While baby powder is known to be more commonly used among infants to absorb moisture and prevent diaper rash, adult men and women often use this as well to soothe friction in the genital area.
Regardless of who uses it, baby powder remains a standard item in many households. But over the years, discoveries have been made regarding the hazards of talcum, the main ingredient in many baby powder brands. So for people who use baby powders a lot, having a potentially dangerous product easily accessible at home can be pretty alarming.
Because of the dangers of talcum found in many baby powder brands, tens of thousands of lawsuits have already been filed against several manufacturers of talcum powder products, the biggest of which is American multinational healthcare company, Johnson & Johnson.
According to the complainants, J&J failed to disclose the presence of talcum in their baby powder products and continued to insist that they were safe, despite knowing the dangers and health risks that may arise due to their continued use.
With the complexity of the talcum powder lawsuits, it can be pretty challenging to keep track of the facts of the case. So what exactly went down, and how did the talcum powder lawsuits start?
How the J&J Talcum Powder Lawsuit Started
Before going into the technicalities of the talcum powder lawsuits, knowing the beginnings of the controversial Johnson & Johnson baby powder and the background of its equally controversial manufacturer should give an idea of how and where things went wrong.
The main ingredient in J&J’s baby powder is talc, also known as talcum powder. On their website, J&J describes talc as a “naturally occurring mineral that is highly stable, chemically inert, and odorless.” The Food and Drug Administration (FDA) also explains that talc is “mined from the earth, composed of magnesium, silicon, oxygen, and hydrogen.”
Aside from baby powders, talcum can also be found in other cosmetic products like face and body powders, antiperspirants, toothpaste, soaps, drug tablets, paint, and even chewing gums.
According to J&J, talcum powder has been tested and proven safe by many studies and research conducted by medical experts across the globe. They also said that science and several clinical evidence have shown talcum powder “is accepted as safe for use in cosmetic and personal care products throughout the world.”
But despite J&J’s claims that there is nothing to be concerned about their baby powder even with the presence of talc, one explosive report explained in detail the company’s conscious ignorance of the dangers found in one of their most iconic products.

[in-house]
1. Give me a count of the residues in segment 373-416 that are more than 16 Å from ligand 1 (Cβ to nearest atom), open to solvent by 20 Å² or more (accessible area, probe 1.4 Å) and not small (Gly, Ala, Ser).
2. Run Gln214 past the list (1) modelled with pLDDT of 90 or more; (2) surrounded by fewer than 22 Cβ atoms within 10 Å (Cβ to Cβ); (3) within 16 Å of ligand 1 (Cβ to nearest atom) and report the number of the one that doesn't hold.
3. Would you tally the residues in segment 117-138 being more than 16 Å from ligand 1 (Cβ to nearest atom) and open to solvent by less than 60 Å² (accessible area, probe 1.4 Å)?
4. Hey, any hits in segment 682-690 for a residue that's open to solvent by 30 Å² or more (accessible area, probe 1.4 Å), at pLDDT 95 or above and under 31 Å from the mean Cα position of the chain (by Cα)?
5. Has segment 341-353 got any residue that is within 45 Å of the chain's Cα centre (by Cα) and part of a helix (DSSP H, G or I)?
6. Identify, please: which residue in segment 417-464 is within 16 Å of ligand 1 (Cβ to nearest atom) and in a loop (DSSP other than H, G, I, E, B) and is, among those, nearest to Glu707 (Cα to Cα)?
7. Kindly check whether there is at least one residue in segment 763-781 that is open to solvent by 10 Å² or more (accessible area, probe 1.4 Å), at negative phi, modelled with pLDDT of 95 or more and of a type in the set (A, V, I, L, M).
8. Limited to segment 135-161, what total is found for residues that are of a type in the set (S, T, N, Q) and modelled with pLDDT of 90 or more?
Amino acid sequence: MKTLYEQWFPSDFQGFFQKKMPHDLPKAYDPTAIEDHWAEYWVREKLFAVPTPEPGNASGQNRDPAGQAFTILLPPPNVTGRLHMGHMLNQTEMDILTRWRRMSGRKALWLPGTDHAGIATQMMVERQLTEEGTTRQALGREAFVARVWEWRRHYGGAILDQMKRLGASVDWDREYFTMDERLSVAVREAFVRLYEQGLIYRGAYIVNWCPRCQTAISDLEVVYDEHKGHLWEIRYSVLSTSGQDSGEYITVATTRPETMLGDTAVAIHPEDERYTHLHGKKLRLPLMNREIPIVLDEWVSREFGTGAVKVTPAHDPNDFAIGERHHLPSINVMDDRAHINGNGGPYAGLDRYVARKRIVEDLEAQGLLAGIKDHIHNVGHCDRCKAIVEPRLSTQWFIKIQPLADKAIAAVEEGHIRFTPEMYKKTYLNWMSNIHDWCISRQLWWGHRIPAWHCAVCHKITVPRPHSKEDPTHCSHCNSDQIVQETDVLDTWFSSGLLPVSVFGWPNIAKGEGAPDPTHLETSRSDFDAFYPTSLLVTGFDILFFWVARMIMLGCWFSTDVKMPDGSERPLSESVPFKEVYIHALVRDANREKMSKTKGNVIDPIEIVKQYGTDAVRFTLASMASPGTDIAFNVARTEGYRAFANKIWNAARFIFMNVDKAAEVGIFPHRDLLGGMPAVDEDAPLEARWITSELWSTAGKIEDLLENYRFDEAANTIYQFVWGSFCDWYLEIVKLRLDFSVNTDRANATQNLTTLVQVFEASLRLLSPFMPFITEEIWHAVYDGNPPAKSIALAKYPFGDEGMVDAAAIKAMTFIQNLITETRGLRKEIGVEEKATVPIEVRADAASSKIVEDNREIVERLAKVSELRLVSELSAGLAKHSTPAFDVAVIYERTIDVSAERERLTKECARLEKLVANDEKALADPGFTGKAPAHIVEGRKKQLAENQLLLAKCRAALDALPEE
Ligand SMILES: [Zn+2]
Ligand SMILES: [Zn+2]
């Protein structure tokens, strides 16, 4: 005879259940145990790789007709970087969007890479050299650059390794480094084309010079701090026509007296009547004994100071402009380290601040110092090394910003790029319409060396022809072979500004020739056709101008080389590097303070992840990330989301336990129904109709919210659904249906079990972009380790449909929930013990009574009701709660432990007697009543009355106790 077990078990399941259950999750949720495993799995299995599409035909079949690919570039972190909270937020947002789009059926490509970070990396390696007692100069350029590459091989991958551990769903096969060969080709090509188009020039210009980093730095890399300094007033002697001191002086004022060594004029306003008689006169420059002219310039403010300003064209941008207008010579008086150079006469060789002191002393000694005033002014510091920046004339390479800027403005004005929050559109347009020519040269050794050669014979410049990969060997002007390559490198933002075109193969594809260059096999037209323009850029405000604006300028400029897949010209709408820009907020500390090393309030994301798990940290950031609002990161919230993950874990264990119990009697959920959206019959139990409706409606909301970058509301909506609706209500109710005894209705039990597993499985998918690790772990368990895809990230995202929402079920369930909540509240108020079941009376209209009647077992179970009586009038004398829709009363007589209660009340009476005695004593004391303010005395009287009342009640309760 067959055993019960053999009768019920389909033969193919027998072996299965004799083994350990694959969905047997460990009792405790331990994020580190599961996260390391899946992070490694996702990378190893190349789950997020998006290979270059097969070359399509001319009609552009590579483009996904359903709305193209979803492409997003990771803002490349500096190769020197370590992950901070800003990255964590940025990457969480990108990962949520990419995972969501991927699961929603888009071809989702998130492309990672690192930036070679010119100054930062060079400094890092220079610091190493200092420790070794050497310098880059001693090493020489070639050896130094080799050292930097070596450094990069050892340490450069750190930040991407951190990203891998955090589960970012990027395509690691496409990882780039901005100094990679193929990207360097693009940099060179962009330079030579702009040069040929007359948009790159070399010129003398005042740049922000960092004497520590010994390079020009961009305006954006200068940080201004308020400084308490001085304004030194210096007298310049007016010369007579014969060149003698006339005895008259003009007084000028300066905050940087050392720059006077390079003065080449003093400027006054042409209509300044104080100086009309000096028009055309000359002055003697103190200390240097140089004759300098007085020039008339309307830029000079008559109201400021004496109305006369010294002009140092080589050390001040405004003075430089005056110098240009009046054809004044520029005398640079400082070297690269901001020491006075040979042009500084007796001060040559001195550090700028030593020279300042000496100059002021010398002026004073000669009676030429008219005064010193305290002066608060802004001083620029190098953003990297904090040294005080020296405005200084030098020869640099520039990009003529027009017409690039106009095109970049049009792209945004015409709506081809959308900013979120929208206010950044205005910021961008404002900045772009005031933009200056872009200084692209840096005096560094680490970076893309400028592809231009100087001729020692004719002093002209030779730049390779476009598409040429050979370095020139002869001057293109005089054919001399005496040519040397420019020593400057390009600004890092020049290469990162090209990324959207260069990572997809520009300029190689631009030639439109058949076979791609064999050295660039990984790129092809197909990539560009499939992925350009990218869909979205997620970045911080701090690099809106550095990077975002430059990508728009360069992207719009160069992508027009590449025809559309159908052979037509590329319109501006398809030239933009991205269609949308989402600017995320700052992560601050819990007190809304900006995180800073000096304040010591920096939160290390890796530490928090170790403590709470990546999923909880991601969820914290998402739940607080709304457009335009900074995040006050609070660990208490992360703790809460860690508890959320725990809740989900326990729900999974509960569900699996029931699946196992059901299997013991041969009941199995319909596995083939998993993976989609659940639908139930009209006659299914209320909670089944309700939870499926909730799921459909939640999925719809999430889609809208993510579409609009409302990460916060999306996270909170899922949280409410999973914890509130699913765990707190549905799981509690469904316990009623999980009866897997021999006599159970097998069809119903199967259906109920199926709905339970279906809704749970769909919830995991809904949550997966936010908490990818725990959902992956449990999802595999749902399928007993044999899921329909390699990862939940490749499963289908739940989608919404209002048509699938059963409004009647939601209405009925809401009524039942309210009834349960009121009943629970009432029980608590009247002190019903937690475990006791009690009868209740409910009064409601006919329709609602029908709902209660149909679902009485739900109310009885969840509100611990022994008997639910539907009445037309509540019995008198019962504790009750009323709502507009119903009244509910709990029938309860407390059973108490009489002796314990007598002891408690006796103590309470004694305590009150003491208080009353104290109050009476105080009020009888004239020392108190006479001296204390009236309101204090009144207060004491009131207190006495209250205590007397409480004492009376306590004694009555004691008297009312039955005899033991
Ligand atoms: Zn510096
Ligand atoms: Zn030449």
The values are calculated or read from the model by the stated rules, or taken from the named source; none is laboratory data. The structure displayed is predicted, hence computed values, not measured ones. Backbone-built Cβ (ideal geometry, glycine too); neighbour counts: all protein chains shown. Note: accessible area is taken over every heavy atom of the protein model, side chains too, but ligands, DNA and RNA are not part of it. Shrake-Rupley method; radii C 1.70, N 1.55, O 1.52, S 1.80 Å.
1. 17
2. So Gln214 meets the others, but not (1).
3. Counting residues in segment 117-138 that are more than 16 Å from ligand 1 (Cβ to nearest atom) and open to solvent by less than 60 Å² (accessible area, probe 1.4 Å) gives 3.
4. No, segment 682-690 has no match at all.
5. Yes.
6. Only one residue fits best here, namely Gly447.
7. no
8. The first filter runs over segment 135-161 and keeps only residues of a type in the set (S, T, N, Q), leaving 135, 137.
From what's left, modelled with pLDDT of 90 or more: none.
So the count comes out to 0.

In December 2018, Reuters released an in-depth investigative report detailing how J&J deliberately kept the FDA and the general public in the dark about their asbestos-contaminated talcum powder. The report also examined never before seen documents such as company memos, internal reports, and other confidential papers showing that J&J was aware their baby powder contained asbestos yet did nothing about it.
According to the report, “J&J didn’t tell the FDA that at least three tests by three different labs from 1972 and 1975 had found asbestos in its talc — in one case at levels reported as ‘rather high.’” The report also found that J&J even assured health regulators over and over again “that no asbestos was detected in any sample” of their baby powder products.
J&J not finding any trace of asbestos in their baby powder can be attributed to a significantly small sample size used in their internal tests and the limitations of their testing methods “that allow trace contaminants to go undetected.”
According to the National Cancer Institute, asbestos has been confirmed as a human carcinogen by the US Department of Health and Human Services, the US Environmental Protection Agency, and the International Agency for Research on Cancer — the World Health Organization’s cancer research arm.
J&J is known to take great pride in the “high purity” of the cosmetic talc they use in their baby powder. However, in its purest form, talcum powder usually contains asbestos.
Moreover, asbestos-like talcum powder — is also a naturally occurring mineral. And because these two minerals are typically found near each other in many talc mining sites, it makes talcum powder highly susceptible to asbestos contamination.
Testicular cancer, lung cancer, uterine cancer, talcosis, pneumonia, asthma — these are just some of the diseases linked to talcum baby powder exposure. But in the tens of thousands of talcum powder lawsuits that have been filed through the years, two cancer types seem to be the most prevalent among the plaintiffs: ovarian cancer and mesothelioma.
Ovarian cancer is a fatal cancer type that can develop in the female reproductive system. According to the Center for Disease Control and Prevention (CDC), ovarian cancer is a “group of diseases that originates in the ovaries, or in the related areas of the fallopian tubes and the peritoneum.”